Whatever the prices you see in this project, it has almost no bearing on the wider HDB market. During the period after 2013, for example, when HDB prices went into a seven-year decline, Pinnacle @ Duxton was still climbing:
Pinnacle needs to be viewed in the context of, well, Pinnacle @ Duxton. It’s a little misleading for news headlines to claim “a flat” sold for $1.39 million if that flat is at Pinnacle.
2. This outlier may be unusually pricey, even by Pinnacle’s standards
This unusually high transaction has given rise to the belief that, at Pinnacle, all the units are sold at crazy prices significantly above $1 million.
While units at Pinnacle are always going to be more expensive than regular flats, there are rather exaggerated opinions going around right now. Here’s a look at other recent 5-room transactions, at Pinnacle:
|Date||Unit Size||Approx. Price PSF||Total Price|
|1 Jan 2022||1,130 sq. ft.||$1,115||$1,260,000|
|17 Sep 2021||1,151 sq. ft.||$956||$1,100,000|
|14 Jul 2021||1,130 sq. ft.||$931||$1,052,000|
|17 Mar 2021||1,140 sq. ft.||$824||$938,888|
Now when it comes to buying a home, everything is worth what someone will pay for it; we’re not saying $1.39 million is a bad deal. But it does appear to be an outlier, even among the higher prices at Pinnacle.
3. A record number of million-dollar flats is still a tiny number
Pinnacle is famous for million-dollar flats; a growing phenomenon in our public housing market.
And 2021, we indeed saw a record number of flats transact at above $1 million. There were 259 such transactions.
But we shouldn’t lose sight of the fact that 31,017 resale flat transactions took place that year. Even a record-breaking 259 transactions account for just around 0.8 per cent of total transactions.
Whatever your hopes for future flat values, it makes sense to plan for the probable, not the potential. And the probability is that you won’t become an (on-paper) millionaire by holding on to your HDB flat, just as you likely won’t need to earn $10,000 a month just to buy a resale flat.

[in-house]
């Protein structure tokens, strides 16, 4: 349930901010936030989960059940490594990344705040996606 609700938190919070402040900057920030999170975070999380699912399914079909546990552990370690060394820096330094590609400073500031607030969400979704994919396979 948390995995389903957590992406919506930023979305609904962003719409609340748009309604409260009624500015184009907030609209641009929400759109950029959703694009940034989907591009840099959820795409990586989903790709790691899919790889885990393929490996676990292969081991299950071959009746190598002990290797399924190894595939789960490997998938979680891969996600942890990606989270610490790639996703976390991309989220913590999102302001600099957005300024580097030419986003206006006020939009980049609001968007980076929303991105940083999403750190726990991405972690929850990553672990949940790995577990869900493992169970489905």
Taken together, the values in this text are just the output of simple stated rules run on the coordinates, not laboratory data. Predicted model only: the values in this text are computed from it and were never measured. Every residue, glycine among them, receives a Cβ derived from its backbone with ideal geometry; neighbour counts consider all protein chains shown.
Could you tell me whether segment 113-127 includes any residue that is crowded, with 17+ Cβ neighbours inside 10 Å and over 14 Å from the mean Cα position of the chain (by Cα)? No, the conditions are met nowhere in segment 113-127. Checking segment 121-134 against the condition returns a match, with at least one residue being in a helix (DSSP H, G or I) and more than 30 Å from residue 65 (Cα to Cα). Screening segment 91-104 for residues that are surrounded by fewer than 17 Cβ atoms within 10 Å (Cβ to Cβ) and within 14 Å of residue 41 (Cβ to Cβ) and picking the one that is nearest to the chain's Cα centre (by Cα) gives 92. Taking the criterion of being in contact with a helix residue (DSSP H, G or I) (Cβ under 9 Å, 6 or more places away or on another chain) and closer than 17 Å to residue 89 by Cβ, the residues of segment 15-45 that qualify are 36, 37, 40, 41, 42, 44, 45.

Million-dollar flats are still curiosities and outliers, regardless of the attention they get.
One might wonder why we don’t give equal media attention to unusually cheap flats. E.g., even during downturns, we seldom see reports on years with a “record number” of five-room flats below $500,000.
4. Million-dollar flats tend to happen due to highly specific situations
While we should study how flats fetch record-high prices, most of those lessons are not very useful.
That’s because the reasons tend to be highly specific, and impossible to reliably duplicate. For example, the flat may come to the attention of someone who is downgrading from a landed property, and is coming into the market with double-digit millions.
Or the buyer may be intent on living out the rest of their days in that location – so any amount of Cash Over Valuation (COV) won’t dissuade them. The price can make absolutely no sense in terms of yield or capital gains, and they’ll still pay it.
Resale HDBHDB COV Database 2023: A Crowdsourced Compilationby Stacked
Now as we’ve pointed out earlier, the $1.39 million flat is in a unique central location and may be expensive even by Pinnacle standards. It’s quite likely that it’s the result of a unique situation.
So as a reassurance…
Flats are pricey right now, but we’re not headed in a direction where the next generation is going to be living in tents at East Coast Beach. Not even close.
Despite this recent record-breaking transaction, resale flat prices are losing some momentum. Whether you’re a buyer or seller, it’s important to stay realistic: the climbing prices in the last two years are not sustainable, and you can’t plan your finances around your flat like it’s a winning 4D ticket.